Rebooting the iPod

My iPod Touch is way out of date, being a first-generation 8GB model that was last loaded about five years ago by a friend of mine who had a Mac. That’s a lifetime in technology terms.

I’ve only recently realized that since I have a Mac now, I can load my own iPod! Which is kind of exciting, considering I’ve never done that before. I still have a bit of a learning curve with it, but I have figured out how to search the iTunes store and made a long, long wish list of albums and singles I want to (eventually) buy as my budget allows.


In the meantime, I am loading my CD collection into the Mac one by one, which is time-consuming but also a great opportunity to re-evaluate my music. In other words, it’s time to thin the herd.

Some music I’ve simply outgrown–ABBA, Michael Bolton, most of Celine Dion, everything by Ricky Martin except “She Bangs,” movie soundtracks (Evita, Chicago). Some of the older country stuff (Vince Gill, Travis Tritt) is too sad to keep listening to. Some is just too hokey (Shania Twain, a lot of Terri Clark). Some music only ever interested me briefly (Yanni, Madonna).

On the other hand, the entire Melissa Etheridge and Mary Chapin Carpenter catalogs are moving over, along with everything by Wynonna and The Judds. I can’t toss out the Dixie Chicks completely, but I’ll pass on some of their stuff. The Garth Brooks collection also needs a good culling but has to be represented. Tricia Yearwood, Martina McBride and Reba McEntire, yes. Lee Ann Womack and Sara Evans, maybe. Rascal Flatts and Diamond Rio, no.

From my youth, I have Journey, REO Speedwagon, INXS, Billy Idol, Sheena Easton and Peter Gabriel. My iTunes wish list includes Foreigner, Styx, Quarterflash, Poco, Cheap Trick, Thompson Twins, Mr. Mister, Toto and John Waite (all albums I owned on cassette tape when I was in high school). I am so grateful to be able to get this music back again because our music holds our memories.

Some of my music is pretty much timeless: Norah Jones, Michael Bublé, Jimmy Buffett, Bob Seger, Johnny Cash and his daughter Roseanne.

More recently, I have added albums by Josh Groban, P!nk, Adele and Josh Ritter to my collection. I have some newer singles picked out on iTunes, including “Moves Like Jagger” by Maroon 5, “Stronger (What Doesn’t Kill You)” by Kelly Clarkson and “Home” by Daughtry. Plus, some sweet oldies such as Dennis DeYoung’s “Desert Moon.”

Notable for their absence, perhaps, are monster groups such as The Beatles, the Rolling Stones, and U2, as well as all heavy metal, all grunge, all hip-hop, all rap and all dubstep. None of that stuff ever interested me much.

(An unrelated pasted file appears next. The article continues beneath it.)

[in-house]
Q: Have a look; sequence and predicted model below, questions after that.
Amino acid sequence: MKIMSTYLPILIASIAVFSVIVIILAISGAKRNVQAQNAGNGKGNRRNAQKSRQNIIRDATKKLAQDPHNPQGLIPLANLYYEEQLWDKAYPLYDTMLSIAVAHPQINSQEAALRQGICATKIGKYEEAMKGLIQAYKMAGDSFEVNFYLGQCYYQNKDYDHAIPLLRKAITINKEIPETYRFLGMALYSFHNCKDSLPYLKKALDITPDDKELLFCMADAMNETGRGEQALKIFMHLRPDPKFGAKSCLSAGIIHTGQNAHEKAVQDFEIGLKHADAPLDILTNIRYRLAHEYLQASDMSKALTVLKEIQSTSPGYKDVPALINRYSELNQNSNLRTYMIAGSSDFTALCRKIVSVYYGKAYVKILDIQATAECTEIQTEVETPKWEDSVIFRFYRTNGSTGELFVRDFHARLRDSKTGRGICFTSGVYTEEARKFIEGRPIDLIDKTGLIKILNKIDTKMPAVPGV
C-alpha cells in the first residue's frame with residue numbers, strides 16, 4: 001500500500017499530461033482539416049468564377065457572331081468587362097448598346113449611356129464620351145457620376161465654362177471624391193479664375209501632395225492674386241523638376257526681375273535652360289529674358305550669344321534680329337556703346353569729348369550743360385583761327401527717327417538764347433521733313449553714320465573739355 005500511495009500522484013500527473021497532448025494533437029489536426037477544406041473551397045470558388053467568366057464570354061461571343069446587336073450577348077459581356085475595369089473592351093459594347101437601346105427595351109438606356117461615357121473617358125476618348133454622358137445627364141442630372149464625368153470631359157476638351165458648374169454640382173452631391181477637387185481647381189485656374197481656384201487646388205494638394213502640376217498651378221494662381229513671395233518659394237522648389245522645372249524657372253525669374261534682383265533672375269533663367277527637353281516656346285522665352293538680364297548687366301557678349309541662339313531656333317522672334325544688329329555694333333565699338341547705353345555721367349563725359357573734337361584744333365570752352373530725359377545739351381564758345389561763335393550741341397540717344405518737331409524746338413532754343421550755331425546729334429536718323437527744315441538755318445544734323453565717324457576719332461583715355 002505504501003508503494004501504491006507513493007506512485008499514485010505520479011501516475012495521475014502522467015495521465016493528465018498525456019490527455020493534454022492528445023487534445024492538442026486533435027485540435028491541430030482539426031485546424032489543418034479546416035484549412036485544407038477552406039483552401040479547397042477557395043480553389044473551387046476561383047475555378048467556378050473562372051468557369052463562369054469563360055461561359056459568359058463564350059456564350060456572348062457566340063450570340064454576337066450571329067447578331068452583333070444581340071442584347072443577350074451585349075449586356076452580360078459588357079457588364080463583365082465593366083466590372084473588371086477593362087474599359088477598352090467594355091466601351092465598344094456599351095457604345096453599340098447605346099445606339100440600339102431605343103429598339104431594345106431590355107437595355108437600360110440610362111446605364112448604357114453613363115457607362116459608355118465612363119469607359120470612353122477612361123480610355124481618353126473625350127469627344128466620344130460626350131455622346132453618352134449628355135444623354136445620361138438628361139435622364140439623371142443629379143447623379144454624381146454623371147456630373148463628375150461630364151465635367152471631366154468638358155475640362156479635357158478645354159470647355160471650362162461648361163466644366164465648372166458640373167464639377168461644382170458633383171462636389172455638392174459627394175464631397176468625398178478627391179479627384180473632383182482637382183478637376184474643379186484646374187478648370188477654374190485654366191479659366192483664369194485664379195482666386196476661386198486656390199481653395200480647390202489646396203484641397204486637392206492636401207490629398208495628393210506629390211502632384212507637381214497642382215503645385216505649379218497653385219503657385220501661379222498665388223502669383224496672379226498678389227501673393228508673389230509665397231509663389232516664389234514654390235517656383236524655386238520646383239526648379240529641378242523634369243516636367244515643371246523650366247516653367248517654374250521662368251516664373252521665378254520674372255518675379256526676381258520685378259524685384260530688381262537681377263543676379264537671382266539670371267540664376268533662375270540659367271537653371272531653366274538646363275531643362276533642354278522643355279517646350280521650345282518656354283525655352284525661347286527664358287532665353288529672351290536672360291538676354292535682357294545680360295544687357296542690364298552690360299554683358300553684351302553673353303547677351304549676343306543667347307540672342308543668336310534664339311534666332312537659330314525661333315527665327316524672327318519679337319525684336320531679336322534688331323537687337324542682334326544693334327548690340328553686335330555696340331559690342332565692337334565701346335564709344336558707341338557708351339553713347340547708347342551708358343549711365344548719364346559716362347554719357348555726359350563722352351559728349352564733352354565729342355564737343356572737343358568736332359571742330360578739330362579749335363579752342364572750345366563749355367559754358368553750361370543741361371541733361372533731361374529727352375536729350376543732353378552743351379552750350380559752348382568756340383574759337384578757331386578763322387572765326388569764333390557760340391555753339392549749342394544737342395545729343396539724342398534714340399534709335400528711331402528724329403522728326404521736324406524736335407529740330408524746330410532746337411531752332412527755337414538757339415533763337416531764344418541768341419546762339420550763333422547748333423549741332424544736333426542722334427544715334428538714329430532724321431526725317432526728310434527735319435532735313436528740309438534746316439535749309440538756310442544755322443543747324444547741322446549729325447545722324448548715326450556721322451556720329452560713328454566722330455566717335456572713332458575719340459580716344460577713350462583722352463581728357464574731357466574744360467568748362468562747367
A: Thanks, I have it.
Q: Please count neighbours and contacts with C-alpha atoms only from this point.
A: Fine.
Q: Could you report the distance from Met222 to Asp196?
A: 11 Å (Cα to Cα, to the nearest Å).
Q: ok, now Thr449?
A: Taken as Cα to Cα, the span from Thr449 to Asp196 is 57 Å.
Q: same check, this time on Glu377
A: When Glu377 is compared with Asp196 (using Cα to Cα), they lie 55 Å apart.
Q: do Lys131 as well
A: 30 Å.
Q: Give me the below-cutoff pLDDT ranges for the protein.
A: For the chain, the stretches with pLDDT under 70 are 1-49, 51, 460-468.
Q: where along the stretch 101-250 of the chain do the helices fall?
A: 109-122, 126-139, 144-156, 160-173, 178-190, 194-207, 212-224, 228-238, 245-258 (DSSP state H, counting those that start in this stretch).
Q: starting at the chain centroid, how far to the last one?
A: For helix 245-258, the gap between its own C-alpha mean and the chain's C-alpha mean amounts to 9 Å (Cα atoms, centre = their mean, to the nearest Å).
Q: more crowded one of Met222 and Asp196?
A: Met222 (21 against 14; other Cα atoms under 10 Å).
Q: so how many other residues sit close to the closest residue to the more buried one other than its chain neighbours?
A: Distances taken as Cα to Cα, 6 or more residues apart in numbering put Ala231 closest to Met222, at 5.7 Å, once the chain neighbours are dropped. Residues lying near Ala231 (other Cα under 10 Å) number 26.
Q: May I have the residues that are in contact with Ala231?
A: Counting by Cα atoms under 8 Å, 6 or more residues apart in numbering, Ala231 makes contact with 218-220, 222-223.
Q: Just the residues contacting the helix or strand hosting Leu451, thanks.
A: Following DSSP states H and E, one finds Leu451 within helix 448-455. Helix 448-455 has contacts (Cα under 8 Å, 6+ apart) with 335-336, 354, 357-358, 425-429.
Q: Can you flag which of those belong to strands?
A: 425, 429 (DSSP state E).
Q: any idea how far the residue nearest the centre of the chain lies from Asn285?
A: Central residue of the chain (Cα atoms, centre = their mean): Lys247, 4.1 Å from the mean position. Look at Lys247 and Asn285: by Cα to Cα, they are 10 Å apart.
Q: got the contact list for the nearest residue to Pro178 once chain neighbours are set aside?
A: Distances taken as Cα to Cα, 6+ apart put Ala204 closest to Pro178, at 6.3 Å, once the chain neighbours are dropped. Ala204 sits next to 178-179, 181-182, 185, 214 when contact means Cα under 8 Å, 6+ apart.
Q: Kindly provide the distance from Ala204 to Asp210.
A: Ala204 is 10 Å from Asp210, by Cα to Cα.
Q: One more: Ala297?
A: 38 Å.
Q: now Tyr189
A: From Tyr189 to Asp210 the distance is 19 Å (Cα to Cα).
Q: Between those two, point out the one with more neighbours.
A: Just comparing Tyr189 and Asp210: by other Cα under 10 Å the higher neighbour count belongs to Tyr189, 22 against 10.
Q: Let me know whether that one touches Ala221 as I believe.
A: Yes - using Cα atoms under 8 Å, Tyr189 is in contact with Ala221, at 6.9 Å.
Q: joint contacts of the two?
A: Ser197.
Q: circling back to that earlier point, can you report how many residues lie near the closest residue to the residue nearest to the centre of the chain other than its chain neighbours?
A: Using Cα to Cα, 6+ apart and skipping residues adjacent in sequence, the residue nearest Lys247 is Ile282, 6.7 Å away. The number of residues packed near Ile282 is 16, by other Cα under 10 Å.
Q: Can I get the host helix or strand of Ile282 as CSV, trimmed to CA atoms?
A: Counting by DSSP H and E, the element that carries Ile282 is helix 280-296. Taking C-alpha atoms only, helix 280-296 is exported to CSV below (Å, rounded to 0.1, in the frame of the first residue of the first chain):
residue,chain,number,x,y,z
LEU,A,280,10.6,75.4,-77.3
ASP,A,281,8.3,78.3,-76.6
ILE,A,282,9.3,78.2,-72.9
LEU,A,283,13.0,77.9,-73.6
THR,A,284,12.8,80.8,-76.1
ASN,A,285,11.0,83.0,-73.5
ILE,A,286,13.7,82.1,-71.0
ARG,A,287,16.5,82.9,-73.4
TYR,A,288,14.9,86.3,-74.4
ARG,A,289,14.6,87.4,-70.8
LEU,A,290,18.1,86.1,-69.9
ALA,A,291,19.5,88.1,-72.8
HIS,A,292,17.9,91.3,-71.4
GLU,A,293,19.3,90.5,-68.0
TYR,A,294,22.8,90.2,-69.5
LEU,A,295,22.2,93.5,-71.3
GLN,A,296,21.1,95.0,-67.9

In high school and college, I was all about the Top 40, mainstream to my core except on certain Saturday mornings when I would go over to my friend Kim’s house and she would play “real” music for me from her immense collection such as INXS, The Smiths and The Kinks. She expanded my music vocabulary considerably and I’ll be forever grateful to her for that.

For years after college, I didn’t care about music much. I listened to Top 40 Country on the radio if I listened to music at all because at least I could understand the lyrics.

When I was in graduate school, a music magazine called Paste started showing up in my mailbox for about a year (I never subscribed, so I don’t know how that happened). Every issue contained a CD sampler of about 20 songs from a wide range of music styles, mostly by as-yet-unknown new artists. At the time, I listened to these samplers once or twice and dismissed them as unworthy of my attention just because they were so unfamiliar to me. Fortunately I was smart enough to save them, though, and as I’ve loaded them all into the Mac this week, I realize there is some really awesome music on those discs. I never was cool enough or prescient enough to be a hipster at any age, but eventually I do catch on. Over the past few years, I have slowly begun finding new music I like and buying music again.

I’m really looking forward to building my own music library that includes the best from the past as well as the present, and sorting it out into playlists for various moods. When it comes time to reload my iPod, though, I might just have to spring for a newer, larger model that can hold all the songs. No point in taking the time to put them all in if I can’t take them with me!


3 thoughts on “Rebooting the iPod

  1. Hm, that’s something I need to do. My iPod is full and most of my music is still on CDs somewhere in the house. My iPod is really, really, old, too, and doesn’t even come close to holding my entire music collection.

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